2016-2017 Change 2017-2018

18.3b

+1.4b

19.7b

6.8b

+103m

6.9b

Other expenses

 

$5.7b

2016-17 General Government Budget Result

Fiscal responsibility

The State maintained its AAA credit rating.


The object of the Fiscal Responsibility Act 2012 is to maintain the State’s AAA credit rating.

The Government manages NSW’s finances in alignment with the Fiscal Responsibility Act 2012 (the Act).

The Act establishes the framework for fiscal responsibility and the strategy to protect the State’s AAA credit rating and service delivery
to the people of NSW.

The legislation sets out targets and principles for financial management to achieve this.

New South Wales has credit ratings of AAA/ Stable from Standard & Poor’s and Aaa/ Stable from Moody’s Investors Service.

THE FISCAL TARGETS FOR ACHIEVING THIS OBJECTIVE ARE:

General Government annual expenditure growth is lower than long term average revenue growth.

General Government expenditure grew by 5.4 per cent in 2017-18. This was lower than the long-term revenue growth rate of 5.6 per cent.

Eliminating unfunded superannuation liabilities by 2030.

The Act sets a target to eliminate unfunded superannuation liabilities by 2030.

The State’s funding plan is to contribute amounts escalated by five per cent each year so the schemes will be fully funded by 2030. In 2017-18, the State made employer contributions of $1.7 billion, which is largely consistent with contributions over the past five years. Treasury expects superannuation liabilities will be fully funded by 2030 based on the funding program at the last triennial review (December 2015).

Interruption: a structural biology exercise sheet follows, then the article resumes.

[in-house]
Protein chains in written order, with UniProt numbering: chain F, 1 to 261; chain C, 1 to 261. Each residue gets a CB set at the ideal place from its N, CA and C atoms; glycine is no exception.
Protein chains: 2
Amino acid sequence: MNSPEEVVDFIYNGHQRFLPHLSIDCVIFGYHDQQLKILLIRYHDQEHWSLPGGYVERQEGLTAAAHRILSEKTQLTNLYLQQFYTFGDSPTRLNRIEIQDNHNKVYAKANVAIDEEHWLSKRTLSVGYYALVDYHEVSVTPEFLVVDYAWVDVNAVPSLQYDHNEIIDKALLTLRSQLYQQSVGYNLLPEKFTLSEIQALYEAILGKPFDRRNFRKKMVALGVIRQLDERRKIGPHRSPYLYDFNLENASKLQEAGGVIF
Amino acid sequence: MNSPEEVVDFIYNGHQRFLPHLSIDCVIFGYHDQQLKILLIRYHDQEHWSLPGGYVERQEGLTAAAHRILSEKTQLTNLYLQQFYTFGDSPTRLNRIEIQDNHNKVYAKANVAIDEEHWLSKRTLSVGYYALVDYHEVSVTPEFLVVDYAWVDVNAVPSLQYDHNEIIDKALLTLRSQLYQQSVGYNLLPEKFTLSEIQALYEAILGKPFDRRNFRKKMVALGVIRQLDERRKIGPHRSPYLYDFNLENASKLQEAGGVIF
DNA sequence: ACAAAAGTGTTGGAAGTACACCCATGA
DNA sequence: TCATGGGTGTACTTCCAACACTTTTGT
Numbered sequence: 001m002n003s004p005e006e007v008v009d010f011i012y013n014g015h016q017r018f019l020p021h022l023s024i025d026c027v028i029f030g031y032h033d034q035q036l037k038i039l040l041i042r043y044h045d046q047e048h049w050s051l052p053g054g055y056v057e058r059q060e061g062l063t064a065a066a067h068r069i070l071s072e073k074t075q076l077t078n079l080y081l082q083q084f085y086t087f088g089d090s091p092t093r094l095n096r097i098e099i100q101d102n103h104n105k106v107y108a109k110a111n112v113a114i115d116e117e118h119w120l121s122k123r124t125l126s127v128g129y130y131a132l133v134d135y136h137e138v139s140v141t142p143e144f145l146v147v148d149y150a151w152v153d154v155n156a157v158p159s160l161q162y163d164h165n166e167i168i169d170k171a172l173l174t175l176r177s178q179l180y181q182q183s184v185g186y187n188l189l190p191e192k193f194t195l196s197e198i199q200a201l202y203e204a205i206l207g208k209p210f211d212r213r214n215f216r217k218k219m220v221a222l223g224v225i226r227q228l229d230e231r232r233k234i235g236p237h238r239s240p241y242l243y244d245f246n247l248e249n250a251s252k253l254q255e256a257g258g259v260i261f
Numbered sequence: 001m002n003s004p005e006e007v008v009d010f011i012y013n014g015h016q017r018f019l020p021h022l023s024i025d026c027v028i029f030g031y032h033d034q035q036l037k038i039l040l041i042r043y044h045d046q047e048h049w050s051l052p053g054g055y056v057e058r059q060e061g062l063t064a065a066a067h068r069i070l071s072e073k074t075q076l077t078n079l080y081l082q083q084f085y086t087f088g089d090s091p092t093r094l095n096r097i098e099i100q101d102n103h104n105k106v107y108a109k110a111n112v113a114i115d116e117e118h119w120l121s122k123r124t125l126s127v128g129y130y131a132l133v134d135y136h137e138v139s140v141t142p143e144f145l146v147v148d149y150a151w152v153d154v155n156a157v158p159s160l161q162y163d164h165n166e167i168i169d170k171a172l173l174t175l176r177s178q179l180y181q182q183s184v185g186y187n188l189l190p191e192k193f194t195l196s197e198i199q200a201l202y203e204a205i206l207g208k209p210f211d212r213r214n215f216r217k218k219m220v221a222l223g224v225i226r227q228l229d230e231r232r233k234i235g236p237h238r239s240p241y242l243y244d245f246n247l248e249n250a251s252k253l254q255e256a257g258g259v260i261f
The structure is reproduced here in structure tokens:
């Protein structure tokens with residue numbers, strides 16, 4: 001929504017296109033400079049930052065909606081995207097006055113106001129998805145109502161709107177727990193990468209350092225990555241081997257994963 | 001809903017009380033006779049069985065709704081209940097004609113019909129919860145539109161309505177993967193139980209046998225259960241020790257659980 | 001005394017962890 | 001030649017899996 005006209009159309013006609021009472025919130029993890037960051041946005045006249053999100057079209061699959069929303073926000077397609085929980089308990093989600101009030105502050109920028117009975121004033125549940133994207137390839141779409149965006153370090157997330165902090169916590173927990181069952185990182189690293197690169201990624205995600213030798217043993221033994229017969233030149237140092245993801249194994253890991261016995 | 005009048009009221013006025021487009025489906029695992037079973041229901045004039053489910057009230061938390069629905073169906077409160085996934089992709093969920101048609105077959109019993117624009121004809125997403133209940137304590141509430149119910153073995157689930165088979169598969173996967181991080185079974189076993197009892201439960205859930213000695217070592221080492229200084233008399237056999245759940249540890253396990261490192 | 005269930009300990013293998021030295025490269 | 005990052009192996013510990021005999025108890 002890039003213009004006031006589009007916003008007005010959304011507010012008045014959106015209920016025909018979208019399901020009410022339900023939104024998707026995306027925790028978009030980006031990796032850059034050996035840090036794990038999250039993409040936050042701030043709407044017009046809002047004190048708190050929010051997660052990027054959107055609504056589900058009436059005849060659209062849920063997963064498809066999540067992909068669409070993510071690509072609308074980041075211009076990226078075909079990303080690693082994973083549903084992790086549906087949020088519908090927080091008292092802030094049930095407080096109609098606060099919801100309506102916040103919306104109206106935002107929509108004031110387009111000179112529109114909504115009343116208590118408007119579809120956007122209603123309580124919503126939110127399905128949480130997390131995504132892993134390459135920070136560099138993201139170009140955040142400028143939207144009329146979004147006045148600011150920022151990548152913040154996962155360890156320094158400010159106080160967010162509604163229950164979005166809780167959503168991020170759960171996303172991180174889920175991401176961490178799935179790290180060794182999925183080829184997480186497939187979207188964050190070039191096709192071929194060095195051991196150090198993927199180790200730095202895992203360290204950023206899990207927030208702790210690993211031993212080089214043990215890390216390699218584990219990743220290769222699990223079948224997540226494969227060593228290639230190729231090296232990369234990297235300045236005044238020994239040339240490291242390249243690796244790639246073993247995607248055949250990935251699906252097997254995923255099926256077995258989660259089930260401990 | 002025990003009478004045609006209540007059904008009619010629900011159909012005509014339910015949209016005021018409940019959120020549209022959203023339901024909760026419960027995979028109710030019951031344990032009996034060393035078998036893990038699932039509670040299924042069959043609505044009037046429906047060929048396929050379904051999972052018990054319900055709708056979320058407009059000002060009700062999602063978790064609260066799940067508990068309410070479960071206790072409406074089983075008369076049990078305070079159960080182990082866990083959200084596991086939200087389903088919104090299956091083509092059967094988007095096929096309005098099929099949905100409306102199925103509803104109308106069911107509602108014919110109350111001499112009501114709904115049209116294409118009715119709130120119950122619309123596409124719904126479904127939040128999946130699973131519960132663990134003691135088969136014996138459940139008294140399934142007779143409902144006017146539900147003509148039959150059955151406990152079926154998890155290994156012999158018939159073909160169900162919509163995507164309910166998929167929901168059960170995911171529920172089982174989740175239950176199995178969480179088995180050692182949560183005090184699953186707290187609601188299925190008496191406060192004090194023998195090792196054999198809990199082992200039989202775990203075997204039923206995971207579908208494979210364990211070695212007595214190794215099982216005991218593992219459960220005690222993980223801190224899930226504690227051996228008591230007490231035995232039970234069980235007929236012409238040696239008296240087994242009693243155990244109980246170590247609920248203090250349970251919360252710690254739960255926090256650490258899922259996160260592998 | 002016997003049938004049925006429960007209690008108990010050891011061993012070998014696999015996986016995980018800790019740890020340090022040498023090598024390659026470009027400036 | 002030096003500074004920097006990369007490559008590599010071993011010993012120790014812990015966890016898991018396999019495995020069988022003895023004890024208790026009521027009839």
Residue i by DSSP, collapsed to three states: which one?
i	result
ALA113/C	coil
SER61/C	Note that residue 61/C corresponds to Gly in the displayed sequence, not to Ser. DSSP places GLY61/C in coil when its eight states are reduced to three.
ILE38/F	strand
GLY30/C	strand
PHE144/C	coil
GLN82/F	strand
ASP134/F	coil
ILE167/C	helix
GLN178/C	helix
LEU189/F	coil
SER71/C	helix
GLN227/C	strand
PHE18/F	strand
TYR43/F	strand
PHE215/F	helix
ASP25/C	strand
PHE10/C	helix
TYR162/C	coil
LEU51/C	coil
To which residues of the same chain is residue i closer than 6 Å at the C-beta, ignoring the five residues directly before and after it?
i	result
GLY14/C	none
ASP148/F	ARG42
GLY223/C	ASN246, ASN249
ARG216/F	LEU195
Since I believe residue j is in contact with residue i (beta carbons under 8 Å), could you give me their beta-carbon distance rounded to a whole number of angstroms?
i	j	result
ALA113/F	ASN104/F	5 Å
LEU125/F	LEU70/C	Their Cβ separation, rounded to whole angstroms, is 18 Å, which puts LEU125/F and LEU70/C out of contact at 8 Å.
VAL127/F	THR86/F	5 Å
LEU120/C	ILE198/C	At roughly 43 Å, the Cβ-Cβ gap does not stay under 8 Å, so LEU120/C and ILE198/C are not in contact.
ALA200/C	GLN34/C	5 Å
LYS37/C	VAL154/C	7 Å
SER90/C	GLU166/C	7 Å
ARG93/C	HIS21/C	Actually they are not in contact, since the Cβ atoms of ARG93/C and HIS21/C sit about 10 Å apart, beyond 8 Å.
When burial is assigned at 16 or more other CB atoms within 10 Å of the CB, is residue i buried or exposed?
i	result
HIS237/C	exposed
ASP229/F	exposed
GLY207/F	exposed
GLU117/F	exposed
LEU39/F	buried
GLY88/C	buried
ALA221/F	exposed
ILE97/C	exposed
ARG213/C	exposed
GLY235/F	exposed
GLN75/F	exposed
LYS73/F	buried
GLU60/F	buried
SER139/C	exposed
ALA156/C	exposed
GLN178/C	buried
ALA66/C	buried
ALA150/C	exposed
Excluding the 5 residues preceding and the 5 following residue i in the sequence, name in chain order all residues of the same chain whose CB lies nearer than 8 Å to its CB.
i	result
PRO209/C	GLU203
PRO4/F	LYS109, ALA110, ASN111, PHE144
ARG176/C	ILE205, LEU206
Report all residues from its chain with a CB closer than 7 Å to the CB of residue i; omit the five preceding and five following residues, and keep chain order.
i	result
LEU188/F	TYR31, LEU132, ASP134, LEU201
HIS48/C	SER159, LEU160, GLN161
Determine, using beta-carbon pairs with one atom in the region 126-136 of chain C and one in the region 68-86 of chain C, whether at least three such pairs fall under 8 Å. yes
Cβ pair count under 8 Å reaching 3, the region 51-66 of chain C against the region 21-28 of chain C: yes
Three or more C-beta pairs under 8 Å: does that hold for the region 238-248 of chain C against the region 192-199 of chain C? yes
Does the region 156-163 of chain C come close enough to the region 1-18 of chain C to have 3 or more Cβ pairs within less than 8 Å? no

For fiscal responsibility purposes, the State uses AASB 1056: Superannuation Entities. This standard discounts superannuation liabilities using the expected return on assets backing the liability.

Using this method, the State’s unfunded superannuation liability was $14.0 billion at 30 June 2018 ($15.0 billion at 30 June 2017). The unfunded liability is $3.4 billion less than it was when the Act was introduced.


 

The unfunded liability for the superannuation funding position since the inception of the act has remained around $10-15 billion with the exception of 2007. The benefit liability has steadily increased from $40 billion in 2005 to just over $50 billion in 2018. The net market value of fund assets has steadily increased from 20 billion to just over 30 billion over the same time period, with the exception of 2007 where it spiked to just under 40 billion dollars.

The unfunded superannuation liability in the State’s financial statements is $56.4 billion.

This is because it uses a different measurement basis than AASB 1056. In financial statements, accounting standards (AASB 119 Employee Benefits) require the State to discount liabilities using the Government bond rate.

The two approaches produce significantly different results. In the current economic climate with lower interest and discount rates, the approach under AASB 119 provides a significantly higher liability.

  AASB 119:
Employee Benefits
AASB 1056:
Superannuation Entities
Purpose Financial Statements for Employer Financial Statements for Superannuation Funds
State's Superannuation Unfunded Liability $56.4 billion $14.0 billion
Discount rate 2.65 per cent 5.5 - 7.4 per cent
Discount rate used Government bond rate Expected return on assets backing the liability

A five-year review of the Fiscal Responsibility Act 2012 is overdue

The Act requires the Treasurer to review it as soon as possible after 28 August 2017. The purpose of the review is to assess whether:

  • the Act’s policy objectives remain valid